Cottrol & Diamond, Public Safety, supra note 17, at 73; see also Hardy, supra note 39, at 35 ("The similarity between the 1688 Declaration of Rights and our own Bill of Rights is no coincidence: no founder of our own nation would have claimed fewer rights than those allowed an Englishman a century before."); Taylor, supra note 48, at 77 ("[T]he English colonies in America, which were finally transformed into independent commonwealths through their severance from the mother country, were in a legal and constitutional sense involuntary and unconscious reproductions of the English kingdom,--inevitable products of a natural process of political evolution.").
 Id. at 136-37.
 See Hardy, supra note 39, at 41 ("In the American colonies, there was no need to debate the ownership of arms as a right: it had long since become a fact of life."); Cottrol & Diamond, Public Safety, supra note 17, at 75 ("The right and duty to be armed broadened in colonial America. If English law qualified the right to own arms by religion and class, those considerations were significantly less important in the often insecure colonies.").
 Cottrol & Diamond, Public Safety, supra note 17, at 75. ("[A]n armed white population was essential to maintain social control over blacks and Native Americans who toiled unwillingly as slave and servants in English settlements."); see also Cottrol & Diamond, Auxiliary Right, supra note 17, at 1012 ("The entire white population had to be enlisted to counter threats posed by the Indian population, the enslaved black population, as well as hostile European powers.").
 Malcolm, supra note 8, at 139; see also Cottrol & Diamond, Public Safety, supra note 17, at 73 ("The maintenance of law and order was a community affair, a duty of all citizens."); Kopel, Duck Hunting, supra note 17, at 1337 ("Professional police forces did not exist during the Middle Ages; the government did not create them until the mid-nineteenth century in England--and in the United States. Civil defense was the responsibility of the people."); Levinson, supra note 9, at 646 (arguing that the Second Amendment could reasonably have meant to give people the individual right to possess arms for their personal defense given that a professional police force was still at least half a century away).
 U.S. Const. amend. II.
 U.S. Const. amend. I.
 U.S. Const. amend. IV.
 However, other authors have said that Madison selected the rights from a "scrapbook of newspaper clippings from around the country of proposed amendments, including those from the state conventions." Stephen P. Halbrook, The Right of the People or the Power of the State: Bearing Arms, Arming Militias, and the Second Amendment, reprinted in 6 J. Firearms & Pub. Pol'y, 69, 108 [ed: originally published as 131, 169] (1994) [hereinafter Halbrook, The Right of the People].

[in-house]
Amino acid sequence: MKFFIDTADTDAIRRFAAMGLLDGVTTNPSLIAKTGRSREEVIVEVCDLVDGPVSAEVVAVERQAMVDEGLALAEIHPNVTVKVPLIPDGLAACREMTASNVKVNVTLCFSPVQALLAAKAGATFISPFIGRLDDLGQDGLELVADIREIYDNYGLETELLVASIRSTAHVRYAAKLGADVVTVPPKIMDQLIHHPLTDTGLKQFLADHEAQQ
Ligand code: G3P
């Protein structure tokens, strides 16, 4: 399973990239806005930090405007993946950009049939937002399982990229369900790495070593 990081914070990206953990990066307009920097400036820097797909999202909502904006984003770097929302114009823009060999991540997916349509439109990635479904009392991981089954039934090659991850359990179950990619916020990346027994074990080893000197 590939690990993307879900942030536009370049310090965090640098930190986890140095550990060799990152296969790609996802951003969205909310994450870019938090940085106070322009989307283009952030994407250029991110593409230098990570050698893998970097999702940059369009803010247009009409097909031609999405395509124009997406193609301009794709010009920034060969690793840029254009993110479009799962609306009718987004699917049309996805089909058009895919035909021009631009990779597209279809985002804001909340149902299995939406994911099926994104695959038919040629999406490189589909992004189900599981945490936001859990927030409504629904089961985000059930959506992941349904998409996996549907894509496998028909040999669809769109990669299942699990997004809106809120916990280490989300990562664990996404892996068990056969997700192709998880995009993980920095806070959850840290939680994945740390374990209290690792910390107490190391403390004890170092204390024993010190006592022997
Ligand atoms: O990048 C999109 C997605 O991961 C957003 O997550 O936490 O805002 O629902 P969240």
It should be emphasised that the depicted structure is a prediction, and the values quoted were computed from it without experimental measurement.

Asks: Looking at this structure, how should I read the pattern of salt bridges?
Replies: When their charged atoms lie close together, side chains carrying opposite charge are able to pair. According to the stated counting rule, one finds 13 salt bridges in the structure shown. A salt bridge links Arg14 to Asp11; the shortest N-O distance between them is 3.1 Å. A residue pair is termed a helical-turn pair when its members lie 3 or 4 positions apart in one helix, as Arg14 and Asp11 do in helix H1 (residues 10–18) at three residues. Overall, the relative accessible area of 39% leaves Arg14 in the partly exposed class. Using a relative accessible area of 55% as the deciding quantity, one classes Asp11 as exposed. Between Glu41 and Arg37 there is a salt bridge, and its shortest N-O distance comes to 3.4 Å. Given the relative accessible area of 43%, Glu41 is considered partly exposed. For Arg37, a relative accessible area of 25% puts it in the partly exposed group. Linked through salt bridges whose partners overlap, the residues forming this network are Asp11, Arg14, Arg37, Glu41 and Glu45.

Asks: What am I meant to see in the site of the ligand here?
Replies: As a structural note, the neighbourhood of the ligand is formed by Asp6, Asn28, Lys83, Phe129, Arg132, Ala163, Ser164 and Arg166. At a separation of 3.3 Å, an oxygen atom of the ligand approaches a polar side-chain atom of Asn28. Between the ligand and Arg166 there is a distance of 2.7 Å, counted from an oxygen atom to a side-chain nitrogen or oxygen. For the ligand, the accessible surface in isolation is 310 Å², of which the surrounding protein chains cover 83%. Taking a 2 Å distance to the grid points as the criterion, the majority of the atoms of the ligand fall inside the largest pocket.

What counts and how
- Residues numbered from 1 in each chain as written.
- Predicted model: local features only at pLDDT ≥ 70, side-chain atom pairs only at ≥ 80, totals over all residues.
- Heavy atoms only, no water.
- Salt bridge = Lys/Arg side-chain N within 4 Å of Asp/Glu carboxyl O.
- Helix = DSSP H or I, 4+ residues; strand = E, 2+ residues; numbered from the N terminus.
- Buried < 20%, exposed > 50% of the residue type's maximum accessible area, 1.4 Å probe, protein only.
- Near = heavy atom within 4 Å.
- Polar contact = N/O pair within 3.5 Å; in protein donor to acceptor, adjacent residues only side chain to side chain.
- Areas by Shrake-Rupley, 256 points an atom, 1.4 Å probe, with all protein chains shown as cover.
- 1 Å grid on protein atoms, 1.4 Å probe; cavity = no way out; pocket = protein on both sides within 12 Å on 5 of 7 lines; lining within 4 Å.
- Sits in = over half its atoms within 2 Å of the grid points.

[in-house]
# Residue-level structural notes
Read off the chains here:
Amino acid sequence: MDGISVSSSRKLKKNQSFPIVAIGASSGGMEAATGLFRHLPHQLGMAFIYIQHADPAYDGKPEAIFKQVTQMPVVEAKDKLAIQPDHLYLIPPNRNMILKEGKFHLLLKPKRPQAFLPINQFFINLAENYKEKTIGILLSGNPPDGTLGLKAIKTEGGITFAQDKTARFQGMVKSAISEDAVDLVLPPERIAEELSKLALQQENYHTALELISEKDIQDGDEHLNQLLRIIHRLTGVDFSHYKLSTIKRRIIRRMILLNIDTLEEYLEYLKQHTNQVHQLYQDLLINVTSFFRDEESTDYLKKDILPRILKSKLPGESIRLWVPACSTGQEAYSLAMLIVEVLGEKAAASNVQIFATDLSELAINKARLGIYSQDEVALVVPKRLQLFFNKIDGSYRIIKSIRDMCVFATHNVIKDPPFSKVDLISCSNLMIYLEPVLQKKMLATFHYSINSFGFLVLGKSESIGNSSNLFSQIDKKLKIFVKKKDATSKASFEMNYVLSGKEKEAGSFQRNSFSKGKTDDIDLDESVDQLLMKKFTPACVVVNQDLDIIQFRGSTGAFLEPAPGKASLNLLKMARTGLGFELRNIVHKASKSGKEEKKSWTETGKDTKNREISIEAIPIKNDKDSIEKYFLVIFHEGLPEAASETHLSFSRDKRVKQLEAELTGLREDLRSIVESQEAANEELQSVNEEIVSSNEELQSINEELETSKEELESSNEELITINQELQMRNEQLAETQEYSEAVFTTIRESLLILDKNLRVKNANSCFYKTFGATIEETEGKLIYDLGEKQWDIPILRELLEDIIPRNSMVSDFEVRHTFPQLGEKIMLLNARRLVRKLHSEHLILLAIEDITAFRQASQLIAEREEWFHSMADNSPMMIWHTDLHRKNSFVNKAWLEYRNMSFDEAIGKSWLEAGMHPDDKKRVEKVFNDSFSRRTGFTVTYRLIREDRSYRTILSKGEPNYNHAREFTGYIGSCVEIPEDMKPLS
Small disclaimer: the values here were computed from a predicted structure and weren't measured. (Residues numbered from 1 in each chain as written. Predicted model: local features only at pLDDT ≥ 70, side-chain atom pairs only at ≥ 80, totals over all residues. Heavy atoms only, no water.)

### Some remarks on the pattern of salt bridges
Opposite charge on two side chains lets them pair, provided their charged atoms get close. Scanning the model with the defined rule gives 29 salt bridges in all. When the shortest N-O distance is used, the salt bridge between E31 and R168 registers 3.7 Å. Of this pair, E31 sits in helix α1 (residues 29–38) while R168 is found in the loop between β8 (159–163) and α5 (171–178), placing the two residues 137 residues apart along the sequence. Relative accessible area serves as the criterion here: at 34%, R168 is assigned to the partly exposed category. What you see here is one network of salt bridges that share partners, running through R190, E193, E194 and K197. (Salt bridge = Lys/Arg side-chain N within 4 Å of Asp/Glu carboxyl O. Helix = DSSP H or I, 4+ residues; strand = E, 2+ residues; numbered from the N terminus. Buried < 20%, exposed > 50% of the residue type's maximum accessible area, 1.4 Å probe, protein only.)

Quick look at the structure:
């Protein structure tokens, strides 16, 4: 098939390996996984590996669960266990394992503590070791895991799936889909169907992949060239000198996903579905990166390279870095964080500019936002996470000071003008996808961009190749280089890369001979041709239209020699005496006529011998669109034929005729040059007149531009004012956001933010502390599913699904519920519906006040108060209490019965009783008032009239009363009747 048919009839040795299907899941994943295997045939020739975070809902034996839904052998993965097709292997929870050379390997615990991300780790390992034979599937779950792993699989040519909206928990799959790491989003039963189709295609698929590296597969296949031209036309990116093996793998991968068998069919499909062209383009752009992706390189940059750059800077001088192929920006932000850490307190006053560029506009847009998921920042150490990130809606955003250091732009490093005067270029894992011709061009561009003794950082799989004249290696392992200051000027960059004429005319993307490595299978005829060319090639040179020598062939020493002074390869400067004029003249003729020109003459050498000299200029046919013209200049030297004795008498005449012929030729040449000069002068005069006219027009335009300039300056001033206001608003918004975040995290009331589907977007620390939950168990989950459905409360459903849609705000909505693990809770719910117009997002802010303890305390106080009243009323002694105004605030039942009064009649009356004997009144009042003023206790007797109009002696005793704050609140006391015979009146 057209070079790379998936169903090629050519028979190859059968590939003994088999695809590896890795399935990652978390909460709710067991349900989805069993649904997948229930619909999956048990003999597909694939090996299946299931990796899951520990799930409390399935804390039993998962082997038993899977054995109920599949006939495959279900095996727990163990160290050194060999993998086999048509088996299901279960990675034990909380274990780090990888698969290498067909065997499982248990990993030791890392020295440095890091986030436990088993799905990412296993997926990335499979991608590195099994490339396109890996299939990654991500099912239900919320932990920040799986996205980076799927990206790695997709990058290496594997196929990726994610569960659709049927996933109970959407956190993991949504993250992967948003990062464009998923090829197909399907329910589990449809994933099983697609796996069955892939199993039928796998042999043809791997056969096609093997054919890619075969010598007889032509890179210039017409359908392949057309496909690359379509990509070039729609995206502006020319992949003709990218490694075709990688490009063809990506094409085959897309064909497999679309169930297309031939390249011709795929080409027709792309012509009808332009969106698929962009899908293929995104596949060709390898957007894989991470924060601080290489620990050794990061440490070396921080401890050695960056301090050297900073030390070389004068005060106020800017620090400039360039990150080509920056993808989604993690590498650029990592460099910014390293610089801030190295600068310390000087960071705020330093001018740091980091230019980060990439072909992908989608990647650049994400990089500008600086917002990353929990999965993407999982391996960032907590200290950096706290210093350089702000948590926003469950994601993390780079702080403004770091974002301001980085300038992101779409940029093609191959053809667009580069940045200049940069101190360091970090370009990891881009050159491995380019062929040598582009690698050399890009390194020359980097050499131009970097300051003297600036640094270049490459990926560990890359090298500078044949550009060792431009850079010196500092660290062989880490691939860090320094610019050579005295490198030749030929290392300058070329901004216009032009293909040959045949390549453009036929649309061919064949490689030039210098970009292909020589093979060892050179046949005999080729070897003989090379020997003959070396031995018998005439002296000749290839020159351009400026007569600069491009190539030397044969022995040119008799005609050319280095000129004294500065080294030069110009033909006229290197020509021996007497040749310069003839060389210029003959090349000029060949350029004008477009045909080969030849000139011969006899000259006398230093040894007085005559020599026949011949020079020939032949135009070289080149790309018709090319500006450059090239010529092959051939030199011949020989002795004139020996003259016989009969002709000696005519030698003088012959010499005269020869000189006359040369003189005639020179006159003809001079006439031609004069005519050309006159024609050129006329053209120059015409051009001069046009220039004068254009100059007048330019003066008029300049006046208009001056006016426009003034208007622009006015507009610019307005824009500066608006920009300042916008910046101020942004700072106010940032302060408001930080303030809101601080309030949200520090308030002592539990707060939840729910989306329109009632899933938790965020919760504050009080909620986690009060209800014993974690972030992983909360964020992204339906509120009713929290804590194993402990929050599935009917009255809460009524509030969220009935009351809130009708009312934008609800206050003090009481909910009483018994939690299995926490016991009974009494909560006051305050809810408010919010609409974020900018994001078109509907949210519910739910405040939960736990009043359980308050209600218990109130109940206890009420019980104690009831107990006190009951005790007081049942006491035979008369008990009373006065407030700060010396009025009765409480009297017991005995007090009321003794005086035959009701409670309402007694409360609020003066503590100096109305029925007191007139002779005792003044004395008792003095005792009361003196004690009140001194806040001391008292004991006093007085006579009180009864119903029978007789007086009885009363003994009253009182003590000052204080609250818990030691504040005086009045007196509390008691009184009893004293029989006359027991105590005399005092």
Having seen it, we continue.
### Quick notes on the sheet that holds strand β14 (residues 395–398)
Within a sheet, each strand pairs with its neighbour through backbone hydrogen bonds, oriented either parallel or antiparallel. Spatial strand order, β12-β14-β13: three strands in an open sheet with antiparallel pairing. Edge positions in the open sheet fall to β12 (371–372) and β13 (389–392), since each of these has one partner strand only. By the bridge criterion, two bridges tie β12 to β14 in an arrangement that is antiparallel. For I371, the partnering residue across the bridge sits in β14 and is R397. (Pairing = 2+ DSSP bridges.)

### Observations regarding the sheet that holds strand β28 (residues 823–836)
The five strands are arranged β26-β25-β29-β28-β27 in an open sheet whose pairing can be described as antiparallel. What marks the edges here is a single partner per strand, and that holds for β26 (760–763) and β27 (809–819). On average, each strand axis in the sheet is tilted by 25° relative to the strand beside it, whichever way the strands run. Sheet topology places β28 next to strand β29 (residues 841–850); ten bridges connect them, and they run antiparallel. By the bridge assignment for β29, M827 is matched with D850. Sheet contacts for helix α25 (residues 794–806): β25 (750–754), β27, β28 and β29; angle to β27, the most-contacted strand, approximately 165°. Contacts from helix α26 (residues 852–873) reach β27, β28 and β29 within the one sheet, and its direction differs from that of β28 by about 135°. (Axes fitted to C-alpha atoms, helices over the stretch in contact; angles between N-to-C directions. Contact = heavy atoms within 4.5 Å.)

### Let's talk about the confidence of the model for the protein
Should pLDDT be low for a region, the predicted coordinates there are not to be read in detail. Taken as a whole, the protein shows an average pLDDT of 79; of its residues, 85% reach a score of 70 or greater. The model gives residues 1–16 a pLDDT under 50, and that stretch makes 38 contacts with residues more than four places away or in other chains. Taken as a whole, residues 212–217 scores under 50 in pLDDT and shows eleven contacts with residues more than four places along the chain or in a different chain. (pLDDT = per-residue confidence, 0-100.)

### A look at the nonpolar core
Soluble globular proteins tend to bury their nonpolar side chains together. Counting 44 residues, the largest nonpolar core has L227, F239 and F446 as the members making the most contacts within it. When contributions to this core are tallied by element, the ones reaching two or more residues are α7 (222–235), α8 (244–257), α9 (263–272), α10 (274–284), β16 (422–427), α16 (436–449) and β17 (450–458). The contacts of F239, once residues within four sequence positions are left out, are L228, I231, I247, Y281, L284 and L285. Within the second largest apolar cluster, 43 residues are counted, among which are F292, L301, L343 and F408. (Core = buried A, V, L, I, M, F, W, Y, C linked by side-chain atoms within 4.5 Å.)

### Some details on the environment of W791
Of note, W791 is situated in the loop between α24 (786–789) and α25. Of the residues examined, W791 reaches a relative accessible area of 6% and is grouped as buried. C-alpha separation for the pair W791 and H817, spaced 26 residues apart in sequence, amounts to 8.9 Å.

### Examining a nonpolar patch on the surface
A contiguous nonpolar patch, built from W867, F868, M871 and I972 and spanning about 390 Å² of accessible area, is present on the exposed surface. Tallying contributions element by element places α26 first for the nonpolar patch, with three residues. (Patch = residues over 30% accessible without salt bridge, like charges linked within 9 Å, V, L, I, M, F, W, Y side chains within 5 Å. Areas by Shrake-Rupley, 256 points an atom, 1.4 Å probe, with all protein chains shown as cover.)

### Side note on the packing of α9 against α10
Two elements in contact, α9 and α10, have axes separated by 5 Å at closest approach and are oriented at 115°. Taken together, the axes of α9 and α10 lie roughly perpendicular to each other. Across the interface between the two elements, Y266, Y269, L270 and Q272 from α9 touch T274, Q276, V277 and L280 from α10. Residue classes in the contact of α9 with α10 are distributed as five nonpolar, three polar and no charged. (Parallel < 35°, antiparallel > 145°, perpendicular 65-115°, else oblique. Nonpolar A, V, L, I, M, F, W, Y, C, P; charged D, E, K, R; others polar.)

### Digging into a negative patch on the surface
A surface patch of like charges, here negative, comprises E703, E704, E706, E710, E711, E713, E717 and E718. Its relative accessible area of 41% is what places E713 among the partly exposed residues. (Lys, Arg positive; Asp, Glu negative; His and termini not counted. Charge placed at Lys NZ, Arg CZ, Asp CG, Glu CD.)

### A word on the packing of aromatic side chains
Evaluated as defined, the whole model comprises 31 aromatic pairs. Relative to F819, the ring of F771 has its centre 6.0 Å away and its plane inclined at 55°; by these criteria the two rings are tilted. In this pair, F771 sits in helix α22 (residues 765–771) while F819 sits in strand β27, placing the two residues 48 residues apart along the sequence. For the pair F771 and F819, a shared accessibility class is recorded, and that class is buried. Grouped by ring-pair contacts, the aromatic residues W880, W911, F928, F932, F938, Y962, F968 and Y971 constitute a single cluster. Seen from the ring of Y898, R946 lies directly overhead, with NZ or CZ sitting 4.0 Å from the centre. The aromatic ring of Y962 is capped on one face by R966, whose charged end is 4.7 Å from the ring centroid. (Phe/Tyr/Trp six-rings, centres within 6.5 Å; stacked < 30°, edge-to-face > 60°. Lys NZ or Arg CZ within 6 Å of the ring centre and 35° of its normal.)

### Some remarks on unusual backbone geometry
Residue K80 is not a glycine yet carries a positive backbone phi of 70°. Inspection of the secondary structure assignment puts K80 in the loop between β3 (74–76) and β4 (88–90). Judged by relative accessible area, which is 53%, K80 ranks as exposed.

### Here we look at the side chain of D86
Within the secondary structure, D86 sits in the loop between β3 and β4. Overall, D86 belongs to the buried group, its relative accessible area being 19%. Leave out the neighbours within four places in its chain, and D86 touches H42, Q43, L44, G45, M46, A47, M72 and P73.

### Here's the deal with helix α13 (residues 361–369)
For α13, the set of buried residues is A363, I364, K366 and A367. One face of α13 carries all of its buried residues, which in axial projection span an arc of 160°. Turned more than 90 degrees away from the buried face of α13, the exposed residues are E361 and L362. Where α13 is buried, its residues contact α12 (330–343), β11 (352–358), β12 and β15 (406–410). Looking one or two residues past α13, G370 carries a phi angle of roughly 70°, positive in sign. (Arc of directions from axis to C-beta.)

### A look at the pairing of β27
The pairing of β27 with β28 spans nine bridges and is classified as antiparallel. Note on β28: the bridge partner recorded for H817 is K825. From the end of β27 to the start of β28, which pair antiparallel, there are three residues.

Professor Malcolm points out that this "streamlining" of the language was due in part to the framer's common understanding of the Amendment's historical and philosophical origins, thus feeling that explanatory phrases were unnecessary. Id. at 161.
 U.S. Const. amend. II.
 Malcolm, supra note 8, at 161. But see Kates, A Dialogue, supra note 17 (suggesting that the "common defense" language has been misunderstood). Kates argues that the common law strictly differentiated between "affrays," fights between families of otherwise good people, and the use of deadly force in defense of self and community against felons, outlaws and other enemies of the community. As to an affray, the common law imposed a duty that a person assailed in a quarrel between good people could not kill unless he had retreated as far as he could--and, even then, the killing was only an "excusable homicide" which would be pardoned as to the death penalty, but punished by forfeiture of the killer's estate. In contrast, the killing of a felon, outlaw or other invader was affirmatively sanctioned: classified as "justifiable homicide," it did not require any retreat, being viewed as defense at once of the victim and of the community. According to this interpretation then, a guarantee of arms possession "for the common defense" was not limited to joint action in the militia or posse comitatus. The common defense corresponded to justifiable homicide, but did not include the possession of arms for inter-family feuds and similar kinds of "affrays" between otherwise law-abiding people. See Id.
 The Federalist No. 46, at 299 (James Madison) (Clinton Rossiter ed., 1961).
 Halbrook, The Right of the People, supra note 86, at 73 [ed: originally published as 133]; see also Malcolm, supra note 8, at 163-64 ("The clause concerning the militia was not intended to limit ownership of arms to militia members, or return control of the militia to the states, but rather to express the preference for a militia over a standing army.").